Atomic emission spectroscopy

An emission spectrum is generated by the release of energy of valence electrons moving from an excited state to ground state.

The emission spectrum generated by a particular element is unique to that element and can be used in forensic investigations to identify the element present.

The emission spectra of some elements are shown below.

The animation below shows how an emission spectrum is generated. The hydrogen atom is used as an example. When heat is applied to the atom the electron or electrons as is the case in other atoms, absorbs the energy and is promoted to a higher energy level. The electron can not remain for any length of time in the higher energy level and it returns to its original energy level giving up the energy it absorbed in the form of light.

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1) An electron can absorb

2) When an electron absorbs energy it

3) An electron that has absorbed energy and move to a higher energy state is most likely to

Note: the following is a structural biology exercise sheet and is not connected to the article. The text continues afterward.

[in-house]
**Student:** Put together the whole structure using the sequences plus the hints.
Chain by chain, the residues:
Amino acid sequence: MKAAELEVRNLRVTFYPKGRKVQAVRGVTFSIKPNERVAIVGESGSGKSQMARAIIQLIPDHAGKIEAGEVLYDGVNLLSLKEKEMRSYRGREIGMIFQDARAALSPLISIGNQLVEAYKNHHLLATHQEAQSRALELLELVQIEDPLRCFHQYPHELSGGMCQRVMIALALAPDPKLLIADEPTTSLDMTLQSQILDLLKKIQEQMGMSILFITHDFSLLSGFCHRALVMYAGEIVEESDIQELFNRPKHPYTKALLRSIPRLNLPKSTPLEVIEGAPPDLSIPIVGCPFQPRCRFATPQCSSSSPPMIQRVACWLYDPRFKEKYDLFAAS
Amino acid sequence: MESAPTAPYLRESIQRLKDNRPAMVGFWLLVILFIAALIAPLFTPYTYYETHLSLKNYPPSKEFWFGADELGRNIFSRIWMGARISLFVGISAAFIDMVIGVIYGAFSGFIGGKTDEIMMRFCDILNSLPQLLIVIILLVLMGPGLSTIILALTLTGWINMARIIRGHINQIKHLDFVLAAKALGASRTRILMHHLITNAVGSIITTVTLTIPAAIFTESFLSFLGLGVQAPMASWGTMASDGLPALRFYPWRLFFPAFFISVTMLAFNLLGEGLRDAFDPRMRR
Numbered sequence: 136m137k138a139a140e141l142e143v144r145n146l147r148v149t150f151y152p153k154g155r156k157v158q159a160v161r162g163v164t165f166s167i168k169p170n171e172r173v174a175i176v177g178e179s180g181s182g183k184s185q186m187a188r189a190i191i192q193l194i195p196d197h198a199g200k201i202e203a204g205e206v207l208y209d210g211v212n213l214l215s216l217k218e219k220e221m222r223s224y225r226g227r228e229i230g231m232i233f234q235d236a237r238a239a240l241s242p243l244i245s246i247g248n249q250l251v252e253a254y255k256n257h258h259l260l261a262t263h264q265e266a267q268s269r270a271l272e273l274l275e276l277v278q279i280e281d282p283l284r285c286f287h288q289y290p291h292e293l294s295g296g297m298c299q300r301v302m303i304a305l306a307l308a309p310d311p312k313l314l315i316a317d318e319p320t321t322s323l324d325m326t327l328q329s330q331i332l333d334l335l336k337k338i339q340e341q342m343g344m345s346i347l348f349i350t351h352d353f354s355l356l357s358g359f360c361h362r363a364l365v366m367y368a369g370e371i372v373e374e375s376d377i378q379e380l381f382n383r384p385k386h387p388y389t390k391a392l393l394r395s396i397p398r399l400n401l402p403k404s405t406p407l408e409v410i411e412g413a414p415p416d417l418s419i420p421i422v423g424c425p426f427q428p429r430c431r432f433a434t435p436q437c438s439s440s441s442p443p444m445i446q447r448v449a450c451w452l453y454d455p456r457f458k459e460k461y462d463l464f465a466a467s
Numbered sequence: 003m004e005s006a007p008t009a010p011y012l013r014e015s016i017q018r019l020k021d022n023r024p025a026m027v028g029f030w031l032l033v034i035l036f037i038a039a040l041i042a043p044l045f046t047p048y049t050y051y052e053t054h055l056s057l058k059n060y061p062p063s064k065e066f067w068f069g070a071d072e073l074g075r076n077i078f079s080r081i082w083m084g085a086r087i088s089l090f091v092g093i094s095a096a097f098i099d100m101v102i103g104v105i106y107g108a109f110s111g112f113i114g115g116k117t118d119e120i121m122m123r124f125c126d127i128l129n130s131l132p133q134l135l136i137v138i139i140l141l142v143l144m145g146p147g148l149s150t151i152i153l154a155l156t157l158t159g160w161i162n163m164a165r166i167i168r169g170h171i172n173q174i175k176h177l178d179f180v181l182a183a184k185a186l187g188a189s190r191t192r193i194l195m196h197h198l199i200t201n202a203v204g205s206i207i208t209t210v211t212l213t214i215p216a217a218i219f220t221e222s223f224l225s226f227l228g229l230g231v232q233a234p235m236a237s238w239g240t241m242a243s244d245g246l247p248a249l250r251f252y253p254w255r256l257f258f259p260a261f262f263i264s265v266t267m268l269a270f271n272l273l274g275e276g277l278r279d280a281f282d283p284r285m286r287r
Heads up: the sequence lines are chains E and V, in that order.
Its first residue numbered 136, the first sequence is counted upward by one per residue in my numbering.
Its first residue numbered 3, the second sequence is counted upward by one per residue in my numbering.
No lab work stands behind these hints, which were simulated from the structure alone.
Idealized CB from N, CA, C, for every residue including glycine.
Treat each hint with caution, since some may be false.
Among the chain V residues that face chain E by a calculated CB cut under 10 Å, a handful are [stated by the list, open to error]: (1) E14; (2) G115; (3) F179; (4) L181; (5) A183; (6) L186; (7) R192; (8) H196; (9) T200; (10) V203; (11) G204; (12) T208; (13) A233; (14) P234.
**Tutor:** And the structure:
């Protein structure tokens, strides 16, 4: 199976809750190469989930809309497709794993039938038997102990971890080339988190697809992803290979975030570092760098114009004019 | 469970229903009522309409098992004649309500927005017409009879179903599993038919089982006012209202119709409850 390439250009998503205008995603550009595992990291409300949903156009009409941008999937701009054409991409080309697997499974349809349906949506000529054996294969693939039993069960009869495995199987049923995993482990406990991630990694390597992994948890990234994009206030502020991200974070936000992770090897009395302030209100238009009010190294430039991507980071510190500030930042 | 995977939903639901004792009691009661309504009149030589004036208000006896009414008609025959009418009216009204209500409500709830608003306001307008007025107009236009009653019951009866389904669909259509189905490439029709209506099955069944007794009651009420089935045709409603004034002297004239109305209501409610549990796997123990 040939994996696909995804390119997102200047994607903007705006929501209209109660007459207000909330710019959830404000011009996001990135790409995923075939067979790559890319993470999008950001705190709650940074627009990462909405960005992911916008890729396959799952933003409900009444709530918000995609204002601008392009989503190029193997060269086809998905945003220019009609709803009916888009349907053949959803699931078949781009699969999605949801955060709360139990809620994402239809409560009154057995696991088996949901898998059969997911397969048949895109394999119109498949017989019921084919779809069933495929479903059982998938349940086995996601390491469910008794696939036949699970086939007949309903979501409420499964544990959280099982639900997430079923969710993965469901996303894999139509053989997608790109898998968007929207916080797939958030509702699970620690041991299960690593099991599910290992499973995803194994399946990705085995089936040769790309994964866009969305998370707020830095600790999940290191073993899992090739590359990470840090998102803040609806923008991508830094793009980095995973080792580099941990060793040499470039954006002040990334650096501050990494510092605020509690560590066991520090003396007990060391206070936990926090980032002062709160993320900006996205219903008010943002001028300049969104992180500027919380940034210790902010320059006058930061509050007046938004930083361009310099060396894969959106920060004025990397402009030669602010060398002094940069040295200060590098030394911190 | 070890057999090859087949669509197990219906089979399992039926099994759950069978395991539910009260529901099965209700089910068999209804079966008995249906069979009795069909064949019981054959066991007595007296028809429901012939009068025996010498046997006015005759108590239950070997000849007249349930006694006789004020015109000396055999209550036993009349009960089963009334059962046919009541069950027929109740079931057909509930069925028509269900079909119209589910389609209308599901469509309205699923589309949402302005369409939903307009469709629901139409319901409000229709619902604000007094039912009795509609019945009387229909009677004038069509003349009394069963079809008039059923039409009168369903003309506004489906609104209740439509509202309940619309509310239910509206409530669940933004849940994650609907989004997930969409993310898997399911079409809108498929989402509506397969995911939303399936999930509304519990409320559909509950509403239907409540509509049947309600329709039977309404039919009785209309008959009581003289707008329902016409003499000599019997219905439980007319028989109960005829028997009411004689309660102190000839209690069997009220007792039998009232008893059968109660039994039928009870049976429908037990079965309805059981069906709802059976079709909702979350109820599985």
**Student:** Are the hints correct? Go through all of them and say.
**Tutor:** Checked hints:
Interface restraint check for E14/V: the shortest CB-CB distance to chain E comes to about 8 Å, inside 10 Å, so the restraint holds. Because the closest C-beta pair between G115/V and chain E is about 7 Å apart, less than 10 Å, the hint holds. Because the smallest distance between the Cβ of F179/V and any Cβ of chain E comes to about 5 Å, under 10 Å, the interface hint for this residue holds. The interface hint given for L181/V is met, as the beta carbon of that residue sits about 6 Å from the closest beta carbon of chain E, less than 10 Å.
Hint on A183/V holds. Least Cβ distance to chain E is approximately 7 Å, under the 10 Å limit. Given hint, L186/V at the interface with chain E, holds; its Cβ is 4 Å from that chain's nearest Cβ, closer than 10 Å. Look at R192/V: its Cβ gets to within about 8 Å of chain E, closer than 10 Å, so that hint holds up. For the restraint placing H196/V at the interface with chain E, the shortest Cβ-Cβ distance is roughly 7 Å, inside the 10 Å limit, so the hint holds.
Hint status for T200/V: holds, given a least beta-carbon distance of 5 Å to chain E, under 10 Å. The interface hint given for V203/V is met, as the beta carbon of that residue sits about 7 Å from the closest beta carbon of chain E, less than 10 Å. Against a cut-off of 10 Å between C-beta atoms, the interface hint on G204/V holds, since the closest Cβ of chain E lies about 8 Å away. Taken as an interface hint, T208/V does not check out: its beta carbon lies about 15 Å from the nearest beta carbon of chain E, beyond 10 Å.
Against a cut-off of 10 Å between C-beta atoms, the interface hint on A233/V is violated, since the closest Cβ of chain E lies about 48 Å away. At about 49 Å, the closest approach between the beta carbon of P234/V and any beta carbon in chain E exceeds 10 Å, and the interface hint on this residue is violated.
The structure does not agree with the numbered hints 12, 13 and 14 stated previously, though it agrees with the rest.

4) Explain how dark lines appear in the spectrum of white light passing through a cloud of hydrogen gas.

5) How is an emission and an absorption spectrum similar?

6) Using the hydrogen emission spectrum explain how an emission spectrum is formed.

7) Deep ultra violet light

8) A photon of red light involves

9) Looking at the diagram below, which statement is true?

But the hydrogen electron doesn't only have the electron jumps that cause spectral lines in the visible region but also in the UV and infrared regions.

As you can see from the diagram on the left, a number of jumps are possible

If an electron falls from the 3-level to the 2-level, red light is seen. This is the origin of the red line in the hydrogen spectrum. By measuring the frequency of the red light, you can work out its energy. That energy must be exactly the same as the energy gap between the 3-level and the 2-level in the hydrogen atom.



View other emission spectra